5th Jun 2023


How does 'Digital Strategic Autonomy' really work?

  • With the Digital Services Act the Digital Market Act, the Data Governance Act and Data Act, European institutions have taken significant steps toward the way European companies store, use, and process data and deal with privacy (Photo: Leonardo Rizzi)
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Strategic autonomy today is no longer just about security. Many domains are now thought of to be 'strategic': economy and industry, manufacturing and critical infrastructure, sustainability, energy security and the electricity revolution, plus also, of course, security and defence.

But the real game for the future is undoubtedly now being played out in the field of new technologies and, even more so, the digitalisation of societies.

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Although it is now clear that autonomy cannot mean protectionism, in times of crisis, it might mean 'pragmatism'. In this context, a solid and adaptable industrial base is essential to ensure the capacity to act with autonomy.

On the one hand, finding like-minded partners is now more necessary than ever. On the other hand, member states and the EU must create a dialogue with strategic and even systemic rivals. As the world itself functions on interdependencies, openness will secure the goals and needs of a digital, sustainable, and future-proof European transition.

Yet rebalancing the nature of such relations towards an assertive stance may be necessary in the long-term strategy — ensuring that no compromises in terms of core values will be ever accepted.

Critical technologies must be considered instruments of digital strategic autonomy.

Microchips, together with new telecommunication technologies such as 5G and 6G, artificial intelligence, quantum computing, and cybersecurity tools, as well as electronic and digital ID, are only a few of the key enablers within the different segments of this digital transition.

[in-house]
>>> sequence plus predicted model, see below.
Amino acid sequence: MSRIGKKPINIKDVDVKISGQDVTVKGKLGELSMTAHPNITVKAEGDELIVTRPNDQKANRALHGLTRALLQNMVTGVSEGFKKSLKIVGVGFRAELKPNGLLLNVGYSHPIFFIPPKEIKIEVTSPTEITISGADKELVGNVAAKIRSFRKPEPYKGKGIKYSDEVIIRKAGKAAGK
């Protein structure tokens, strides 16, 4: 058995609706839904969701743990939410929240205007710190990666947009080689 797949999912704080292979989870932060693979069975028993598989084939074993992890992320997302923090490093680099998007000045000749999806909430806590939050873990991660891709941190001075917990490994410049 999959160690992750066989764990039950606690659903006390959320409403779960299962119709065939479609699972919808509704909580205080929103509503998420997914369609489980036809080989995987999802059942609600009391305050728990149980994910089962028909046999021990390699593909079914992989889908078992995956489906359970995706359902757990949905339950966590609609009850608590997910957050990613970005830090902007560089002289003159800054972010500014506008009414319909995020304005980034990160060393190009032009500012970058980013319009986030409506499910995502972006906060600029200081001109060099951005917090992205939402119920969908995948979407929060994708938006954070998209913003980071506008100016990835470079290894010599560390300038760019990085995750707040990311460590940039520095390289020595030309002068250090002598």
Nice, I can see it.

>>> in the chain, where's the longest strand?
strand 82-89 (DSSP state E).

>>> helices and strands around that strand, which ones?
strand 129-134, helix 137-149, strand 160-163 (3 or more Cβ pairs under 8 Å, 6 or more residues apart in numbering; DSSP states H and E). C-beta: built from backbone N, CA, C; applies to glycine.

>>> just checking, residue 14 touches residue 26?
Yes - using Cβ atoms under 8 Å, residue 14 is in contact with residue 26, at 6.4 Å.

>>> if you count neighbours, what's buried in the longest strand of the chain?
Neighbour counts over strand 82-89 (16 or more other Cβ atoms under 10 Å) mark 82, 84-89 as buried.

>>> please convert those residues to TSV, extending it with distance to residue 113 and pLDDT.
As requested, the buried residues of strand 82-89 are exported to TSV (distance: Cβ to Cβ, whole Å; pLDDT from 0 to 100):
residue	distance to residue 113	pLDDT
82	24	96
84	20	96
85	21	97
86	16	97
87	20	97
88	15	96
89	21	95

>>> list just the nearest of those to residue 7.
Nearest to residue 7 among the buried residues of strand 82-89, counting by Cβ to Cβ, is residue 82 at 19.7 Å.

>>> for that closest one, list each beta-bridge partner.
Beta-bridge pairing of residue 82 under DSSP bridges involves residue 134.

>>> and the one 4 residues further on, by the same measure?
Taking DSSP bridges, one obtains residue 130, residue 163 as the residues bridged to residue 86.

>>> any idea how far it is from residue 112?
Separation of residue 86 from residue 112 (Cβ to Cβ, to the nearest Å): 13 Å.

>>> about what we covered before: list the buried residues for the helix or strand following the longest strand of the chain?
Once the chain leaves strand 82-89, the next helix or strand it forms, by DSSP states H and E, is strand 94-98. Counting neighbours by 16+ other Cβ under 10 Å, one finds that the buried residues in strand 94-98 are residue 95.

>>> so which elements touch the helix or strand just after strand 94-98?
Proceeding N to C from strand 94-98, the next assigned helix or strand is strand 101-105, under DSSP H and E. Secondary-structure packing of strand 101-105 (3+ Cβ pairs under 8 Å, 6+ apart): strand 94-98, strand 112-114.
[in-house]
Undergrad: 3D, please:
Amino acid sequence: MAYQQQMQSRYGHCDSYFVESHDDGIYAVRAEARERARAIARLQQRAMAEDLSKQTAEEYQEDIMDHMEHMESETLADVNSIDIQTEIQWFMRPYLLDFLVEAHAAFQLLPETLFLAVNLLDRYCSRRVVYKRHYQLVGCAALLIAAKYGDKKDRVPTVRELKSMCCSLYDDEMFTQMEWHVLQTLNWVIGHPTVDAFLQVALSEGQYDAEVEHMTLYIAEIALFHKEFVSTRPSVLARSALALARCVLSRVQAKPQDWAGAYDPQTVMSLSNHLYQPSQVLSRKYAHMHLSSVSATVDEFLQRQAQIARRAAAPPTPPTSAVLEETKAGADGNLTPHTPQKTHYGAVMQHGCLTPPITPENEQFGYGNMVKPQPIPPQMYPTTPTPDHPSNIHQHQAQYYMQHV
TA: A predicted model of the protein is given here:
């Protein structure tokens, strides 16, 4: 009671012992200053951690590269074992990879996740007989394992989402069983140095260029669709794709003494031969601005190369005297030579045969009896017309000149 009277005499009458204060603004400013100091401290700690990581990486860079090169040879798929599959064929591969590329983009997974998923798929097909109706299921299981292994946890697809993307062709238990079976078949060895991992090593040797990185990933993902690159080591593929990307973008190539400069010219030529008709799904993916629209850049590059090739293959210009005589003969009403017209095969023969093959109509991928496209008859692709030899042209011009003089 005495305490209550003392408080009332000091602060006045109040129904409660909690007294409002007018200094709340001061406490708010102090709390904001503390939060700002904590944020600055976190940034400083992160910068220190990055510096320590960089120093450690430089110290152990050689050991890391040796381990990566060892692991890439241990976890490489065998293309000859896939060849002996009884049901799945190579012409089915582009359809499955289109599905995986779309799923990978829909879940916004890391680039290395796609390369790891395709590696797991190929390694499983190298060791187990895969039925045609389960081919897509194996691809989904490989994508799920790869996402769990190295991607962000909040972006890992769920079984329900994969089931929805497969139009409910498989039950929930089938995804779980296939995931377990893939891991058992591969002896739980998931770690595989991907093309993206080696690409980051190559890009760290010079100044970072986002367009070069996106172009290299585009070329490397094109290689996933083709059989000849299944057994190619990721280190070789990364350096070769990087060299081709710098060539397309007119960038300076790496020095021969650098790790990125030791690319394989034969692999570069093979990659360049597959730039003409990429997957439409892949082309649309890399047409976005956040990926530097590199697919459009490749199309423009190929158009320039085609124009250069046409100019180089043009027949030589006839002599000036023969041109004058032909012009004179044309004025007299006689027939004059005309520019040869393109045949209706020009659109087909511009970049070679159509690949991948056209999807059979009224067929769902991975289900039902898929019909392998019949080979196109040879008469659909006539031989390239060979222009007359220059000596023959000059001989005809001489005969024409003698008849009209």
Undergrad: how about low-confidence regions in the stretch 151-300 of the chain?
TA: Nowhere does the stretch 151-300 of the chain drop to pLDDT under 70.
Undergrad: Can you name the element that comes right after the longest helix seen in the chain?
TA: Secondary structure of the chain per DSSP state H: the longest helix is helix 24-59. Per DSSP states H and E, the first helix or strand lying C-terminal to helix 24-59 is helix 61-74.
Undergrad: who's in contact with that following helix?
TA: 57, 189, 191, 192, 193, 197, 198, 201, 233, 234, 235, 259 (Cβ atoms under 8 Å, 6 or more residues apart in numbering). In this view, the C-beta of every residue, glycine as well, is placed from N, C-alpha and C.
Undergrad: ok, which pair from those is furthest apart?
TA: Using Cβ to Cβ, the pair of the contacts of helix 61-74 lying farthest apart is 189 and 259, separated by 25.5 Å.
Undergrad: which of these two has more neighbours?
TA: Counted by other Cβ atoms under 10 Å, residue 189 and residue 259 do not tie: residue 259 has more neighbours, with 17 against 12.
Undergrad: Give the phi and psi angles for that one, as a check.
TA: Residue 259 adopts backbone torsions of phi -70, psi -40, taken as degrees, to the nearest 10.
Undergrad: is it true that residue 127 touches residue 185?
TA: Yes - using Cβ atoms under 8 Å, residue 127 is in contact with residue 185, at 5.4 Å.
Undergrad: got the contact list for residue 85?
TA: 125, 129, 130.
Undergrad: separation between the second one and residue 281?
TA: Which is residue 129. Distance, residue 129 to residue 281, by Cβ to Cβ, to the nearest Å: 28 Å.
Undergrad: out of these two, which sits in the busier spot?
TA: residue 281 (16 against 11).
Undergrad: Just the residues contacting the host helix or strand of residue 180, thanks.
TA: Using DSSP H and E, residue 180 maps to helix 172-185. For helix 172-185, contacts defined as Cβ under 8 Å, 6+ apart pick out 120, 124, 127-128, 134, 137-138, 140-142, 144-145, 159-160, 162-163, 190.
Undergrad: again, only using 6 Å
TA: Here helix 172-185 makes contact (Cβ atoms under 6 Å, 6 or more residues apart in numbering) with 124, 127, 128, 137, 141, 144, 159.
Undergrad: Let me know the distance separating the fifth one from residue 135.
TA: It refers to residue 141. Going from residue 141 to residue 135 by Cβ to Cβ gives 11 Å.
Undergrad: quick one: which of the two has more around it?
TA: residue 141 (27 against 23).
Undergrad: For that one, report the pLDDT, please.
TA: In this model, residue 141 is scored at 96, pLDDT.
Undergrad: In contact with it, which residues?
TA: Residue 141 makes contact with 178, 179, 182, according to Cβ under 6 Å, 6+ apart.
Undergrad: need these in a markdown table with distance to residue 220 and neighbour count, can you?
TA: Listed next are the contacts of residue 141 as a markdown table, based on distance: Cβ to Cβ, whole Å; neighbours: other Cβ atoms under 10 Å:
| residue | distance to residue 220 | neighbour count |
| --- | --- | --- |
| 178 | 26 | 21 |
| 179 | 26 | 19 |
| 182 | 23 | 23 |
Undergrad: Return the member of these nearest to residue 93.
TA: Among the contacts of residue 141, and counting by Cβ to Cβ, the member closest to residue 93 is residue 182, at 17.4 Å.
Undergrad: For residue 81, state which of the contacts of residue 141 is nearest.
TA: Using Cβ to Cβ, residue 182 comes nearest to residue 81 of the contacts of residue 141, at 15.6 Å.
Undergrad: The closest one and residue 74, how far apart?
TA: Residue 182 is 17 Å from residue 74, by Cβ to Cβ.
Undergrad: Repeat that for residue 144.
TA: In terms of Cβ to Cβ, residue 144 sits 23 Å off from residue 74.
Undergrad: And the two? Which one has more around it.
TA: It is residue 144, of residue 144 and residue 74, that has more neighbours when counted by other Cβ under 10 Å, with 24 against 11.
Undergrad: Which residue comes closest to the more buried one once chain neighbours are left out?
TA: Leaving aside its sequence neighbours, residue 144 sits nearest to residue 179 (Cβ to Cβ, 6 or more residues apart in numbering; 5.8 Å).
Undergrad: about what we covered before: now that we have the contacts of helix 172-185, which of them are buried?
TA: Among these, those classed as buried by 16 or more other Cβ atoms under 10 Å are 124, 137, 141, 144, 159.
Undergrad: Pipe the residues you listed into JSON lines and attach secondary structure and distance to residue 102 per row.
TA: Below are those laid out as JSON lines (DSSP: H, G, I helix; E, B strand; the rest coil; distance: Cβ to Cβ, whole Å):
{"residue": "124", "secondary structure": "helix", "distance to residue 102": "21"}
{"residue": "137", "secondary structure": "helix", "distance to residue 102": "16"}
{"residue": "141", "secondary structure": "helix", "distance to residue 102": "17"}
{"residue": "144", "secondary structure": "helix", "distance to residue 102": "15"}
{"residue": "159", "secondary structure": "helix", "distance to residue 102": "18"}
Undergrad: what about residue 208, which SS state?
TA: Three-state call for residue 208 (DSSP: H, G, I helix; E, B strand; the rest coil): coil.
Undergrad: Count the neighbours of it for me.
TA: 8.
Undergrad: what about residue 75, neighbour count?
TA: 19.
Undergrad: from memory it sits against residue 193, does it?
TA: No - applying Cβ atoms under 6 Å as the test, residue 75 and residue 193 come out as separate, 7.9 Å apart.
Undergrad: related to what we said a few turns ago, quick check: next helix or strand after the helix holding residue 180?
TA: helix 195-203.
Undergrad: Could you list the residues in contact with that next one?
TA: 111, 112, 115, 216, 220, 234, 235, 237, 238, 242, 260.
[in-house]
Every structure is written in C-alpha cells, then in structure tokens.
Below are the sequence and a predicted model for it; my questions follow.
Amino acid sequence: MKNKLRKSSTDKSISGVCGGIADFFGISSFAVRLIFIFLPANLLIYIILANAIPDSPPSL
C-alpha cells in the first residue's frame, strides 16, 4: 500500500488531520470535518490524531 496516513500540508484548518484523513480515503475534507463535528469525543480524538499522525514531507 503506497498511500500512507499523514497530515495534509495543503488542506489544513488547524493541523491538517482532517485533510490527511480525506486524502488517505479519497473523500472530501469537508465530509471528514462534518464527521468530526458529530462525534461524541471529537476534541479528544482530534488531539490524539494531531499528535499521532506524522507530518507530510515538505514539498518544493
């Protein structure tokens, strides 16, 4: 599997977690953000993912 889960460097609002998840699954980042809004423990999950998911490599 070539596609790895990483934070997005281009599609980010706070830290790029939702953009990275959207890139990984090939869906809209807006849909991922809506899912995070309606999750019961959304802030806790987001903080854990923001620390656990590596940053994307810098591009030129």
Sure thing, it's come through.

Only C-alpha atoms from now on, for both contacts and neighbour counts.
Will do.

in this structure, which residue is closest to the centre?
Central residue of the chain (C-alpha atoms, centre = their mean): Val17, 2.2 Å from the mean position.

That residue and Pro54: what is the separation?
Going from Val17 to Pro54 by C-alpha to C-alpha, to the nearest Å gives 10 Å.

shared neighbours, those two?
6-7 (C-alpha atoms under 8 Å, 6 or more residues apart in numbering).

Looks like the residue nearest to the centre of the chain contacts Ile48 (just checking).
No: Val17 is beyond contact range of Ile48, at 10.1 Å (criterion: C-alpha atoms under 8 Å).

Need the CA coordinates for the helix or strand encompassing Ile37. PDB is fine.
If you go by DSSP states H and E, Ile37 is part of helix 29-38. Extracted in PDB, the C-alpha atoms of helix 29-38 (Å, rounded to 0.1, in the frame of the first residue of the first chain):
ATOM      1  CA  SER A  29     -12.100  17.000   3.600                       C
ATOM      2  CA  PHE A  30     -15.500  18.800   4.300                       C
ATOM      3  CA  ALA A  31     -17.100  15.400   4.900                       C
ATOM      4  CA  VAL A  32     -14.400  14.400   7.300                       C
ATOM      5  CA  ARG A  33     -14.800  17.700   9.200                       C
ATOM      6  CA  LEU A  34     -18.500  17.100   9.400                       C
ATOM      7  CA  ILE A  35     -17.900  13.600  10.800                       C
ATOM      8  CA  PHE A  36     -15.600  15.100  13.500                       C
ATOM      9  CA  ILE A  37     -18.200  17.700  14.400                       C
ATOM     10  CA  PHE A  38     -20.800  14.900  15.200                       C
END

Shortages in the supply chain and know-how in these domains (as experienced during the pandemic) have underlined how diversification and even rethinking of strategic prerogatives must be at the centre of the EU's political agendas.

Therefore, finding the right partners to cooperate with is a significant part of a prosperous strategic Europe. Partners are defined as like-minded, market-oriented democracies towards which openness is essential.

Transatlantic cooperation with both Americas, meaningful relations for trade and investment with democracies in Africa, as well as a close cooperation with countries like Taiwan or Japan must be fostered.

Meat on the bone

Trade and technology councils, and digital diplomacy sound good, but they miss meat on the bone. Additionally, as interests may vary over time and circumstances, it is crucial for the EU to explore new market-based relations under common standards, creating a systemic dialogue and reciprocal information-sharing mechanisms.

To this end, a solid foundation of data-governance and privacy rules is crucial. In fact, data can be defined as the 'oil' of a digital economy. With its recent effort in defining the Digital Services Act and the Digital Market Act, the Data Governance Act and Data Act, European institutions have taken significant steps toward the way European companies store, use, and process data and deal with privacy.

The European data economy itself, however, is still far from reaching its full potential, undermining its strategic digital autonomy.

Ahead of the 2024 European Parliament elections, the discussion on how data is processed for political advertising becomes increasingly important — to ensure transparency, protect citizens' rights, while fighting disinformation and interference.

The protection of citizens' rights online is at the heart of the future digital Europe. With the rise of Chinese imperialism and following the Russian aggression against Ukraine, malicious activities in the digital domain have intensified.

There is a need for the EU to be resilient in cyberspace. Cybersecurity vulnerabilities threaten the functioning of our economies, the internal market across the EU and represent a transversal danger to our societies. Being resilient in cyberspace requires strategic, proactive, integrated, and future-proof policy advancements.

Resilience can neither be built by force nor can it be regulated into existence without a comprehensive strategy that listens to the industry. This strategy must be future-proof and long-term, let the free market work, let the digital industry produce and avoid over-regulation. It may not be a miracle cure, but it represents a liberal best practice to ensure policies that are truly 'smart'.

And the EU must facilitate such a strategy 'yesterday', if it wants to secure its 'Fit4DigitalFuture' plan — and bring digital strategic autonomy to reality.

Like a computer, it is time for the EU to seek updates — perhaps even rebooting its operating system — reassessing its strategic priorities, strengthening relations with like-minded partners, and reconsidering those with strategic rivals. In times of smart-devices, achieving smart-policies is the only way to strengthen our digital future.

This article first appeared in EUobserver's magazine, Digital EU: the Good, the Bad — and the Ugly, which you can now read in full online.

Author bio

Dr Antonios Nestoras is interim executive director at the European Liberal Forum (ELF) and Francesco Cappelletti, policy and research officer at the ELF.


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